Fall 2004 

A color image can be described by three matrixes R,G,B, where R_{ij},
G_{ij} and B_{ij} are the amount of red, green and blue in the picture
at position (i,j). It is custom to encode with an integer from 0 to 255, which can also
be seen as 1 byte = 8 bits because 2^{8}=256.
The picture to the left with width 2 and height 2 can be described by three 2x2 matrices:
 0 255   0 0   255 0  R =   G =   B =    0 255   255 255   0 0 The data can also be described by one matrix alone, where we give the (rgb) value at each point  [0 0 1] [1 0 0]   blue red  A =   =    [0 1 0] [1 1 0]   green yellow  
Evenso the range of the coordinates is limited and discretized, we can think of a picture
as an element in a linear space. We can scale pictures, project onto subspaces or make
linear combinations. To illustrate this, we use Mathematica, which allows very easily to
import and export pictures. The pictures are matrices which can be manipulated.
For example
A=Import["zermatt.jpg"];imports a picture of a mountain near Zermatt in Switzerland. 
Here is a Mathematica procedure, which takes such imported image data and
applies a filter
ApplyFilter[F_,A_]:=Graphics[Raster[F[A[[1,1]]],A[[1,2]],A[[1,3]],A[[1,4]]],A[[2]],A[[3]],A[[4]]];Mathematica keeps more than just the color matrix. Important to know is that A[[1,1]] is the matrix which contains the RGB values of each picture. For example A = Graphics[Raster[{{{0, 255, 0}, {255, 255, 0}}, {{0, 97, 255}, {255, 0, 0}}}, {{0, 0}, {2, 2}}, {0, 255}, ColorFunction > RGBColor], ImageSize > {2, 2}, PlotRange > {{0, 1}, {1, 2}}, AspectRatio > Automatic]is, what Mathematica has stored about the 2x2 pixel picture above. We access the RGB matrix with A[[1,1]]. 
Here is an example, which "scales" a picture:
A=Import["zermatt.jpg"]; Dim[x_]:=Round[x/2]; B1=ApplyFilter[Dim,A]; Brighten[x_]:=Round[120+2x/3]; B2=ApplyFilter[Brighten,A]; Display["dimmed.jpg",B1,"JPEG"]; Display["brightend.jpg",B2,"JPEG"];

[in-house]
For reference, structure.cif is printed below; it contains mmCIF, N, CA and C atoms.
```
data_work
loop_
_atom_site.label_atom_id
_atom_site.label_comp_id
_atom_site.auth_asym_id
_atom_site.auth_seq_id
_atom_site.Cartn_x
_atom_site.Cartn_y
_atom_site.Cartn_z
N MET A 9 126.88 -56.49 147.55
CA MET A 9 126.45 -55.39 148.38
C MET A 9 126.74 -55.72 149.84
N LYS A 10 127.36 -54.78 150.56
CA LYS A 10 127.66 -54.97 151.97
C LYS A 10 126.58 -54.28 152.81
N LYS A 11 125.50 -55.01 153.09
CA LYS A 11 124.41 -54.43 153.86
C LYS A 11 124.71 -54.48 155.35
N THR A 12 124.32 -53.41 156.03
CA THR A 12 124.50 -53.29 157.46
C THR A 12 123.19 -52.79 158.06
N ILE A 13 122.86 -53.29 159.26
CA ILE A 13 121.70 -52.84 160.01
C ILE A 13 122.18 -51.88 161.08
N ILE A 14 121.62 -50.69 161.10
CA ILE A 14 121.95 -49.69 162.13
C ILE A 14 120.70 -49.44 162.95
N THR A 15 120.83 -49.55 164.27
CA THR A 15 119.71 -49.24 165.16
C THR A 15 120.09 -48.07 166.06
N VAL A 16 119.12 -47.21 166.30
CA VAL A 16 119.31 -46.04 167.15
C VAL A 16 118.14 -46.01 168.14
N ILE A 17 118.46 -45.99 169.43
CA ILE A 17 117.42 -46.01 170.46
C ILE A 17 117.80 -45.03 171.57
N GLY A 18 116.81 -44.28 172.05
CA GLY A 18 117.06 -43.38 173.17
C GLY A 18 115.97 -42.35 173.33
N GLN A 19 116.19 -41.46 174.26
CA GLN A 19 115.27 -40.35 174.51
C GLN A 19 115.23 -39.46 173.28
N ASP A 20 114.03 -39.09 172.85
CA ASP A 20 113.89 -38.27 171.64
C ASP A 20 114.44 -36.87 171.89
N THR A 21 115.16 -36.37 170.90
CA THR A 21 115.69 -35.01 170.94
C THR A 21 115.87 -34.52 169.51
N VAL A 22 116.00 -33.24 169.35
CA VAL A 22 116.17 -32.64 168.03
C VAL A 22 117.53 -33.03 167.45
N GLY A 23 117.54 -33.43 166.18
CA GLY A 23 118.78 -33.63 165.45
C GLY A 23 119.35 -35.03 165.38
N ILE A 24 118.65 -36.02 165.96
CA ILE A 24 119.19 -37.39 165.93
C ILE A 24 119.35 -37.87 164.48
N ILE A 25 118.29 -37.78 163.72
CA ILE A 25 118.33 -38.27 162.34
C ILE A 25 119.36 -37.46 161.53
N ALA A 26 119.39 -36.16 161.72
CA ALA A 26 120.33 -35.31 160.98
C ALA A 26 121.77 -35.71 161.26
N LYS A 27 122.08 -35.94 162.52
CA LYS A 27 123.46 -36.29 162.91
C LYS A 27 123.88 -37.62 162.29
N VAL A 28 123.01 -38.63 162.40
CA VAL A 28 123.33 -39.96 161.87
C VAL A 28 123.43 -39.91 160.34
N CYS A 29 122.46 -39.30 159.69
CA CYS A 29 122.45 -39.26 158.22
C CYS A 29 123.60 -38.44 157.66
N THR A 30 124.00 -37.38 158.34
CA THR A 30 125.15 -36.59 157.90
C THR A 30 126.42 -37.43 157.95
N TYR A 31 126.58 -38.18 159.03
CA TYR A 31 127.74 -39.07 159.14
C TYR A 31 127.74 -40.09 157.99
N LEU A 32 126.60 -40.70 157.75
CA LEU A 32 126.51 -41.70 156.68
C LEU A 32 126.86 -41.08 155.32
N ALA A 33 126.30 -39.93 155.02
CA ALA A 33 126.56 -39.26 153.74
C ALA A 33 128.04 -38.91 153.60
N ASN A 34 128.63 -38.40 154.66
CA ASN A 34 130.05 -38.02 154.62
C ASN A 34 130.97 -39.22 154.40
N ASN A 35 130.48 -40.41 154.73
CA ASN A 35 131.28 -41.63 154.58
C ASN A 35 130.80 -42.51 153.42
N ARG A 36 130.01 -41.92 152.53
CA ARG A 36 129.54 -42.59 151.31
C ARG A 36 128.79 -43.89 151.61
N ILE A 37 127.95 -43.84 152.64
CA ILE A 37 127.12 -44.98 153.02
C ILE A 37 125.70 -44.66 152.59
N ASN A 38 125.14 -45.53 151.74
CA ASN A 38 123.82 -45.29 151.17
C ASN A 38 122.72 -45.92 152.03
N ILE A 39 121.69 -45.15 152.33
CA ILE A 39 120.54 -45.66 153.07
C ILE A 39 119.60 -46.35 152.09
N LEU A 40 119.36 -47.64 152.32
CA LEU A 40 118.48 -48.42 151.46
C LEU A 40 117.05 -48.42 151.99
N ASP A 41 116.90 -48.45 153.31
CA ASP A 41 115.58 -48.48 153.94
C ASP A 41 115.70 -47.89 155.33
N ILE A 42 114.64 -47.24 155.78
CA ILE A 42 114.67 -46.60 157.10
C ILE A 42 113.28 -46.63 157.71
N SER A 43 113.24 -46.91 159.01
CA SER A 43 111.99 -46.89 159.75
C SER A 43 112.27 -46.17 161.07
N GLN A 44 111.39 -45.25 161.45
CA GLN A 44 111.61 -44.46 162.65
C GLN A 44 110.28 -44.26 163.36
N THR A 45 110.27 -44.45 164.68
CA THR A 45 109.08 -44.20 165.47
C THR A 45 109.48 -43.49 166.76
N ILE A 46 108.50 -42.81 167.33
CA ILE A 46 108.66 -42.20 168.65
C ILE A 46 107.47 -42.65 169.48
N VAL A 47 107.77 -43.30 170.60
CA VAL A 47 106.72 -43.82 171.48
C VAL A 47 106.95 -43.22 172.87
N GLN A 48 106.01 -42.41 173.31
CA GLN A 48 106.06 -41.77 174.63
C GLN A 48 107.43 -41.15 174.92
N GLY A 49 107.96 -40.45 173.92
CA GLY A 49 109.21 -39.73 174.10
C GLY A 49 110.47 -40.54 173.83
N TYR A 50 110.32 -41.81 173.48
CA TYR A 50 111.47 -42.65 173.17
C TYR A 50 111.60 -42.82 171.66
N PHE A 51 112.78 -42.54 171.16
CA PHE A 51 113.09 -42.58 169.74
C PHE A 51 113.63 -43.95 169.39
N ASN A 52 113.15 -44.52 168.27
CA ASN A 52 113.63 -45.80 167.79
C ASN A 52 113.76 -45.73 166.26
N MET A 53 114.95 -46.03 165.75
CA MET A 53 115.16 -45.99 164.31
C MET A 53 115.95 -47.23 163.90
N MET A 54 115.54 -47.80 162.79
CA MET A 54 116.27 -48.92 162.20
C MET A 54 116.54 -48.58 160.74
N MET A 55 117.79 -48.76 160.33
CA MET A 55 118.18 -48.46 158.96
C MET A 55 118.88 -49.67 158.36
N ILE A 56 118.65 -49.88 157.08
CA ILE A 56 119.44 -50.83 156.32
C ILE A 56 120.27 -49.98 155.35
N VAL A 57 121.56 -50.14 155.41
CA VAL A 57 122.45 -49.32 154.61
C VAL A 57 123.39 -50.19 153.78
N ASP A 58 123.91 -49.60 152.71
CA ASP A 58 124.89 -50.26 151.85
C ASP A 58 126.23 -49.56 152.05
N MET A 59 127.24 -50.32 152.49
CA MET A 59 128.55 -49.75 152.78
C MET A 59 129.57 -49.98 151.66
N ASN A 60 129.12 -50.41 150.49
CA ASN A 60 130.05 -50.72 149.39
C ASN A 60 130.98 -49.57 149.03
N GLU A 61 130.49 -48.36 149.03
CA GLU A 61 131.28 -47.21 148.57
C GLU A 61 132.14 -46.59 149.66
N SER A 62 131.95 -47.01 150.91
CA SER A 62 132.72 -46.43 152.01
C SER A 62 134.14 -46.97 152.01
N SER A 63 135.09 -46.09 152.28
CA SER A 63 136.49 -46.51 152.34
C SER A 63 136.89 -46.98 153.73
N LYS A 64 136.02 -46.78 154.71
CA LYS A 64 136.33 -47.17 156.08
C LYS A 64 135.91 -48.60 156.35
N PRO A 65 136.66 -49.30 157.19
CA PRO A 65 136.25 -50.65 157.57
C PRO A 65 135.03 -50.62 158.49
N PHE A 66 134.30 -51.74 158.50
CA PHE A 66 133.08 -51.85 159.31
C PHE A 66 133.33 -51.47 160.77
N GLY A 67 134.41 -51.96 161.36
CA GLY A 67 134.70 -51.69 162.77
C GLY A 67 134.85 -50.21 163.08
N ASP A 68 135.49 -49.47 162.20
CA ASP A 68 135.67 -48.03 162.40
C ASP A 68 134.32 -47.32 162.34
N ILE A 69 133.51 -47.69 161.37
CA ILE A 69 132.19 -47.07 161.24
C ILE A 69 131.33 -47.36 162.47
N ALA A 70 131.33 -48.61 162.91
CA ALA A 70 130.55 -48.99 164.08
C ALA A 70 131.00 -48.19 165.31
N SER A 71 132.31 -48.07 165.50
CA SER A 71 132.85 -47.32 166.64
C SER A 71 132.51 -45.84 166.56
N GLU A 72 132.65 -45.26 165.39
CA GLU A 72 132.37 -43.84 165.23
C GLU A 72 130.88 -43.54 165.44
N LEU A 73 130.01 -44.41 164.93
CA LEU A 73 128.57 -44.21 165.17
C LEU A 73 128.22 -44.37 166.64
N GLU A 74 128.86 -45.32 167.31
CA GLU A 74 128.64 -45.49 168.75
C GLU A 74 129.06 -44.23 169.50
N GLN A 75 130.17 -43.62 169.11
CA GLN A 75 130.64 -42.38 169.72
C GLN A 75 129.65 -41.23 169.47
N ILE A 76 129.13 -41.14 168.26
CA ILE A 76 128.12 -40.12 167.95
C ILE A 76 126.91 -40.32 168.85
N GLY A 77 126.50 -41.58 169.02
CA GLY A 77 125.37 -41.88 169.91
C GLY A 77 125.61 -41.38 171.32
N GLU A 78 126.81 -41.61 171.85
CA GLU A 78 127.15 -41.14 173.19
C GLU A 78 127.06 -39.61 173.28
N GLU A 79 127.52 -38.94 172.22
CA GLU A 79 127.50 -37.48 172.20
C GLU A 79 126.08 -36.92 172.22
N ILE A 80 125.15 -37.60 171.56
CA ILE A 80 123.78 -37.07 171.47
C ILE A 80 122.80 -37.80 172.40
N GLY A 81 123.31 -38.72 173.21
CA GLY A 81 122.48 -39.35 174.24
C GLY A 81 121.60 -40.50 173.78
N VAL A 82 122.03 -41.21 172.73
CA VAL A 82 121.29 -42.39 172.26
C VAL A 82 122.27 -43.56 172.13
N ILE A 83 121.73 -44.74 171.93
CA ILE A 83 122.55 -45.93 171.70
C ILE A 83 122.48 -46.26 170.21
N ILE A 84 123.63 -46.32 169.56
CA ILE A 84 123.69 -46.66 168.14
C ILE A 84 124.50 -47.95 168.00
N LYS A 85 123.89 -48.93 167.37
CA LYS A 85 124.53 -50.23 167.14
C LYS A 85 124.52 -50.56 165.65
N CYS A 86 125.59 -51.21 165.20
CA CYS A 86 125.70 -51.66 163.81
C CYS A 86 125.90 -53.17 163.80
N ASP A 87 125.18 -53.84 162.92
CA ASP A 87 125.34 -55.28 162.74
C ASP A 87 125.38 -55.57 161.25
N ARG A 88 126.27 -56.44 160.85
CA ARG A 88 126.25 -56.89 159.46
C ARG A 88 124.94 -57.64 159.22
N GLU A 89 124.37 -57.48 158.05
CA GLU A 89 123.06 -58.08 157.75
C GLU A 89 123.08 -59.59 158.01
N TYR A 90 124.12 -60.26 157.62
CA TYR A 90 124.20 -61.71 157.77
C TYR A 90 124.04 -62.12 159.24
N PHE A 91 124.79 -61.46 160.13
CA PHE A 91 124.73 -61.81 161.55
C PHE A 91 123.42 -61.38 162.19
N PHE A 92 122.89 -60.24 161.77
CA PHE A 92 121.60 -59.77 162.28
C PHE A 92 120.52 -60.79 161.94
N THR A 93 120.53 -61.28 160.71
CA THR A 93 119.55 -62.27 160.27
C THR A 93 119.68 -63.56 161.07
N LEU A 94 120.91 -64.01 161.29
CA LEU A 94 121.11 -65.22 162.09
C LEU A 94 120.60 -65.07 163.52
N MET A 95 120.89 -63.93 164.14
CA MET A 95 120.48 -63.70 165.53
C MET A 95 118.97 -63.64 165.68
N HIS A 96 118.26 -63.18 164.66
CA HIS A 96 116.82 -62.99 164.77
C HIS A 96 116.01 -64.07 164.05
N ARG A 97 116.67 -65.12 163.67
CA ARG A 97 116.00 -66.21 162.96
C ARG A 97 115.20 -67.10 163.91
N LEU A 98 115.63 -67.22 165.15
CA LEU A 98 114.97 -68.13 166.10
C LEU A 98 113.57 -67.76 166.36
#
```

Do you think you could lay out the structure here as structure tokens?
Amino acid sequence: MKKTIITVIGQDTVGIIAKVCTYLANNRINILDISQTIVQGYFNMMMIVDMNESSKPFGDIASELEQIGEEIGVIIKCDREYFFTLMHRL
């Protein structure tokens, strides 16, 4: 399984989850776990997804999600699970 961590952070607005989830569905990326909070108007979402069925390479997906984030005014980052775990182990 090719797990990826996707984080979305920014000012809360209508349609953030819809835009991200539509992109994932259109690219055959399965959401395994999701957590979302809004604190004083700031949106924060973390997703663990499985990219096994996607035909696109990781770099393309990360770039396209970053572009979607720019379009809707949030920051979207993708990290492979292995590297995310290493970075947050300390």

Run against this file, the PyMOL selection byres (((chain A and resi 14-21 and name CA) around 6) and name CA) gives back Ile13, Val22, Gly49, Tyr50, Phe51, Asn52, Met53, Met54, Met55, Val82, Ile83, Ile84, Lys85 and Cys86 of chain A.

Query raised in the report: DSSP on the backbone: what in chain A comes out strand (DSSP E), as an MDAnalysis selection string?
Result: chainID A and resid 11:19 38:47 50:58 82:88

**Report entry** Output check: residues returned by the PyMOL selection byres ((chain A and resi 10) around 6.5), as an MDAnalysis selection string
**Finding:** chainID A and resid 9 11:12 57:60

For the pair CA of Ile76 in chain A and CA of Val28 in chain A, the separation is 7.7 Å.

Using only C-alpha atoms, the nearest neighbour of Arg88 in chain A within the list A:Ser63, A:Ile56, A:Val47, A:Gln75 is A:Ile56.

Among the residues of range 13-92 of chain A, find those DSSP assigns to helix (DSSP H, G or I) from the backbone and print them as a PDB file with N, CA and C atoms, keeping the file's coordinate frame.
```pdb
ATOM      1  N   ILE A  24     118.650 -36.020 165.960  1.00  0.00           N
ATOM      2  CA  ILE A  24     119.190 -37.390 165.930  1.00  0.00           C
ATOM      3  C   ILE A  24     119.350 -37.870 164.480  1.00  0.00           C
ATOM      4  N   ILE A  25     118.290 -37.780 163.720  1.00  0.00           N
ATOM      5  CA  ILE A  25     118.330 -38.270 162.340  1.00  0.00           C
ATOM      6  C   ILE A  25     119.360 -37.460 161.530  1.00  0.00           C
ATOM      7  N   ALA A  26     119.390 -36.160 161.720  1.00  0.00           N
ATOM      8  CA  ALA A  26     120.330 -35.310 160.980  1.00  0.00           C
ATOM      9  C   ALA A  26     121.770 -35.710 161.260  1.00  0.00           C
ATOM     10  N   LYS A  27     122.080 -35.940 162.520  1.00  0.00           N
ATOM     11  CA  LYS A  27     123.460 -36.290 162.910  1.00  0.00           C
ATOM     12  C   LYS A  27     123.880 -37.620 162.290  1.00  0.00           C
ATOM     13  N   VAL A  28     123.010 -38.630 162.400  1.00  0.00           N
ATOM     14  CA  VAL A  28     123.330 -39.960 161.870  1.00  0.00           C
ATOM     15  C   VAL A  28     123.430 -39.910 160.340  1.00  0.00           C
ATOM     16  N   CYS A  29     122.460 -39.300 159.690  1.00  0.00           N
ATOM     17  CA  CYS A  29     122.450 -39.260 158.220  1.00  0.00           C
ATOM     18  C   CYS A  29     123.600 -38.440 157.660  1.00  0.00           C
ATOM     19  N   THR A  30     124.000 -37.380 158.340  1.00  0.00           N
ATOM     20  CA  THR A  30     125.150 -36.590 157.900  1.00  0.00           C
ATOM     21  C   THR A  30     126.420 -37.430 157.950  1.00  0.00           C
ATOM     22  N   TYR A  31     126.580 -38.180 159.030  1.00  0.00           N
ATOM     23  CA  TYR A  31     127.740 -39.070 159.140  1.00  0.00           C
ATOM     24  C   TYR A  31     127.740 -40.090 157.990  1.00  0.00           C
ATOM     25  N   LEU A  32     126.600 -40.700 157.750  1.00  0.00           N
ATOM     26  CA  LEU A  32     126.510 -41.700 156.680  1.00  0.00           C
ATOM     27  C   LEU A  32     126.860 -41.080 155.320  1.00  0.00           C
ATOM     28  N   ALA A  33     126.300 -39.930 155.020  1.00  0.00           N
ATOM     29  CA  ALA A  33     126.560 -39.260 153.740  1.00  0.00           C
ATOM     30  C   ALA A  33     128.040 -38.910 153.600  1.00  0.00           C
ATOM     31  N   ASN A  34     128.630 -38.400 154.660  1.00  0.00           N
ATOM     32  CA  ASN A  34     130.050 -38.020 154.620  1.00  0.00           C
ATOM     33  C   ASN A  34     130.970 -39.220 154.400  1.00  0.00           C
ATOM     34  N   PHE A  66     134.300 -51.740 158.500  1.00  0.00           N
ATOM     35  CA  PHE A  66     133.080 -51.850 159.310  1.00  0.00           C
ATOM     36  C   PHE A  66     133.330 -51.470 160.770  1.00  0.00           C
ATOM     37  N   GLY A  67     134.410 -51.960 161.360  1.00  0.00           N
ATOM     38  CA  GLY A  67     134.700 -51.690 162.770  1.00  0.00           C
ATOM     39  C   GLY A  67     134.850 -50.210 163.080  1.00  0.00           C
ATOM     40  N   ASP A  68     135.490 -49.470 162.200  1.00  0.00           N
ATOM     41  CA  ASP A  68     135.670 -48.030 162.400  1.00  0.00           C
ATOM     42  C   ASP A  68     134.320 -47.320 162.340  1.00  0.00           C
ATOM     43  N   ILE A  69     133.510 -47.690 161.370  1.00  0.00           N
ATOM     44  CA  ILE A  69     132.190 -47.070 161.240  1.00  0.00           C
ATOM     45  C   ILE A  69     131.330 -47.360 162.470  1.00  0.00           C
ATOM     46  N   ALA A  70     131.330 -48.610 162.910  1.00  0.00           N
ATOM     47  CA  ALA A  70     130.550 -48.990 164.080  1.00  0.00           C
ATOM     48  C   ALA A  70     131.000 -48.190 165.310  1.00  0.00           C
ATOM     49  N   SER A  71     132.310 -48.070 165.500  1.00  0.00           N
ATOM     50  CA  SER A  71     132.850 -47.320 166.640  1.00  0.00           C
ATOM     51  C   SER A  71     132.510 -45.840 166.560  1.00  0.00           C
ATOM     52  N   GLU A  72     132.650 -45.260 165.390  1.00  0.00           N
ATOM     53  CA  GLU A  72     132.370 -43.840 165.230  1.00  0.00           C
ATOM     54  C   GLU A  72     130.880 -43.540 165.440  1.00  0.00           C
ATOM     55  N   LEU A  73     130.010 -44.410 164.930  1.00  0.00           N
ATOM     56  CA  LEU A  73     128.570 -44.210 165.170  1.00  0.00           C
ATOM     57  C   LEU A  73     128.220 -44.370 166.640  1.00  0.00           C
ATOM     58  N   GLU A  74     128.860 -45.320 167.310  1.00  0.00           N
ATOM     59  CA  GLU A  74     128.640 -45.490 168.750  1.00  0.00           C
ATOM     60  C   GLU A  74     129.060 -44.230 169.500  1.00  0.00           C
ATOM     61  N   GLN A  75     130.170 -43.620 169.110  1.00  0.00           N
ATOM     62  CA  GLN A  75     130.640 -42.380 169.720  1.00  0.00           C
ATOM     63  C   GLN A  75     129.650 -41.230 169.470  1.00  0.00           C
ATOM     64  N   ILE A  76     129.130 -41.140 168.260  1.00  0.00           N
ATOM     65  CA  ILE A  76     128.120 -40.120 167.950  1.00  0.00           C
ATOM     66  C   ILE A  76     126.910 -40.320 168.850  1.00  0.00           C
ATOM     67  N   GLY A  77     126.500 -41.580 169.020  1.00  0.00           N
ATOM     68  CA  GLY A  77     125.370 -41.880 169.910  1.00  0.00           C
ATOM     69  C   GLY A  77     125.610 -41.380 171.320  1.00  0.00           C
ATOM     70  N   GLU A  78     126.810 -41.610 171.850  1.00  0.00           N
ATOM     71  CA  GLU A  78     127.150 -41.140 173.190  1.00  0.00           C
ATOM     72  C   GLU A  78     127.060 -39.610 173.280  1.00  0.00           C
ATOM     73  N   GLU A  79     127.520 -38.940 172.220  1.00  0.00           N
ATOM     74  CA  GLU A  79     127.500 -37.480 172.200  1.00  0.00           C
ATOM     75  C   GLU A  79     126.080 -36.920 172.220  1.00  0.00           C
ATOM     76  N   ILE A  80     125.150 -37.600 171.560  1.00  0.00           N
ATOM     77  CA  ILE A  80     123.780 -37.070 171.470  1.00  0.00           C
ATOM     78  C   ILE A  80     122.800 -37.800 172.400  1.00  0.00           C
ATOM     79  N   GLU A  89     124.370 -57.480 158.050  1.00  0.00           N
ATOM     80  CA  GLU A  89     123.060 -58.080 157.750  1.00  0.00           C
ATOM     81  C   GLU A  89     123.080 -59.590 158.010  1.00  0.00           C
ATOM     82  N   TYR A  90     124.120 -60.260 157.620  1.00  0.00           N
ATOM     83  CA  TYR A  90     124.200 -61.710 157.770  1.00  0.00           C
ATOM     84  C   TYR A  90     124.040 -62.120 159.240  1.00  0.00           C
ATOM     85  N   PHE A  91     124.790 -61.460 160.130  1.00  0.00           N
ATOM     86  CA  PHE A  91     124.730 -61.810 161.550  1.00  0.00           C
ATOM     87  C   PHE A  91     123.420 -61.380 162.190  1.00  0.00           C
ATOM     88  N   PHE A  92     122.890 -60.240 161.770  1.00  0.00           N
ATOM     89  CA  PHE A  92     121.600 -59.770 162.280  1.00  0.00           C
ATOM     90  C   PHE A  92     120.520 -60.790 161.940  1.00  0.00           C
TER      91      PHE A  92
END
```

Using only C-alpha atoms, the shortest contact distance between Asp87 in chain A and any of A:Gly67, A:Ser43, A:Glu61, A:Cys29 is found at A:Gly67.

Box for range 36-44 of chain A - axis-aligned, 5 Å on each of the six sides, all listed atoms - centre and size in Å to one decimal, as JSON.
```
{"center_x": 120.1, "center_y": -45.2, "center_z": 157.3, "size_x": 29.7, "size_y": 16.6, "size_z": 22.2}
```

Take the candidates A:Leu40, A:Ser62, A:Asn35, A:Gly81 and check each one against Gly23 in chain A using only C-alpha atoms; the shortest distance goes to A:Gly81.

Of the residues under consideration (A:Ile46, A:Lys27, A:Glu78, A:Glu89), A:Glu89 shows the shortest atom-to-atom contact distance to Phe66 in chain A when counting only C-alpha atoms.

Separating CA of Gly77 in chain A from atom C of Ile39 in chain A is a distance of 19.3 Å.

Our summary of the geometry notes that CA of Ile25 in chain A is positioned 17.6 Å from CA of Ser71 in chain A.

Here is an example of a projection onto the red green or blue planes:
red[{r_,g_,b_}]:={r,0,0}; Red[S_]:=Table[red[S[[i,j]]],{i,Length[S]},{j,Length[S[[1]]]}]; green[{r_,g_,b_}]:={0,g,0}; Green[S_]:=Table[green[S[[i,j]]],{i,Length[S]},{j,Length[S[[1]]]}]; blue[{r_,g_,b_}]:={0,0,b}; Blue[S_]:=Table[blue[S[[i,j]]],{i,Length[S]},{j,Length[S[[1]]]}]; B1=ApplyFilter[Red,A]; B2=ApplyFilter[Green,A]; B3=ApplyFilter[Blue,A]; Display["red.jpg",B1,"JPEG"]; Display["green.jpg",B2,"JPEG"]; Display["blue.jpg",B3,"JPEG"]; 
Here is an example of a rotation or reflection in color space.
rotate[{r_,g_,b_}]:={b,r,g}; Rotate[S_]:=Table[rotate[S[[i,j]]],{i,Length[S]},{j,Length[S[[1]]]}]; reflect[{r_,g_,b_}]:={255r,255g,255b}; Reflect[S_]:=Table[reflect[S[[i,j]]],{i,Length[S]},{j,Length[S[[1]]]}]; B4=ApplyFilter[Rotate,A]; B5=ApplyFilter[Reflect,A]; Display["rotate.jpg",B4,"JPEG"]; Display["reflect.jpg",B5,"JPEG"]; 
The procedure
Combine[F_,U_,V_]:=Graphics[Raster[F[U[[1,1]],V[[1,1]]],U[[1,2]],U[[1,3]],U[[1,4]]],U[[2]],U[[3]],U[[4]]];allows to combine two pictures using a function f[x,y].  
Here is an example on how to take two pictures and make a
simple linear combination, where we take 1/3 of a mountain
and 2/3 of a person and mix it up.
A1=Import["zermatt.jpg"]; A2=Import["oliver.jpg"]; LinearCombination[a_,b_]:=Function[{x,y},a*x+b*y]; B=Combine[LinearCombination[1/3,2/3],A1,A2]; Display["mixture.jpg",B,"JPEG"];

Note that each picture is in a huge dimensional space. The pictures we dealt with here had size 500x375 which are 187'500 pixels. Each pixels is encoded by 3 bytes so that this picture weights 1/2 megabytes. Indeed, uncompressed, the pictures needs this amount of space to be stored. Here is an other example of a linear combination of two vectors rsp. pictures. The combination amoung depends now on the pixel position.  
F1[a_,b_]:=Function[{x,y}, Module[{}, m=Length[x[[1]]]; (* width *) n=Length[x]; (* height *) z=x; Do[ If[jj>a*m, K=(ja*m)/(b*ma*m)]; If[j>b*m, K=1]; z[[i,j]]=Round[K*x[[i,j]]+(1K)*y[[i,j]]], {i,n},{j,m} ]; z ] ] B=Combine[F1[1/3,2/3],A1,A2]; Display["leftrighttransition.jpg",B,"JPEG"]; 
F2[r1_,r2_]:=Function[{x,y}, Module[{}, m=Length[x[[1]]]; mc=m/2; n=Length[x]; nc=n/2; rr1=(Min[m,n]*r1)^2; rr2=(Min[m,n]*r2)^2; z=x; Do[ rr=(inc)^2+(jmc)^2; K=0; If[rr1<=rr<=rr2, K=(rrrr1)/(rr2rr1)]; If[rr>rr2, K=1]; z[[i,j]]=Round[K*x[[i,j]]+(1K)*y[[i,j]]], {i,n},{j,m} ]; z ] ] B=Combine[F2[1/10,1/2],A1,A2]; Show["circle.jpg",B,"JPEG"]; 
To try it out, donwload the two pictures as well as the code picturemerge.m
and run it. You don't want to run Mathematica in the kiddie mode (graphical
user interface) don't you?.
math < picturemerge.m >out &You have to wait until the newly produced files are in the directory. There are many advantages not to use the graphical Mathematica interface
To run Mathematica from the commandline in OSX, add something like alias math='/Applications/Mathematica\ 5.0.app/Contents/MacOS/MathKernel'to your shell. (more details). Nothing prevents you now to write your own image filters using a computer algebra system.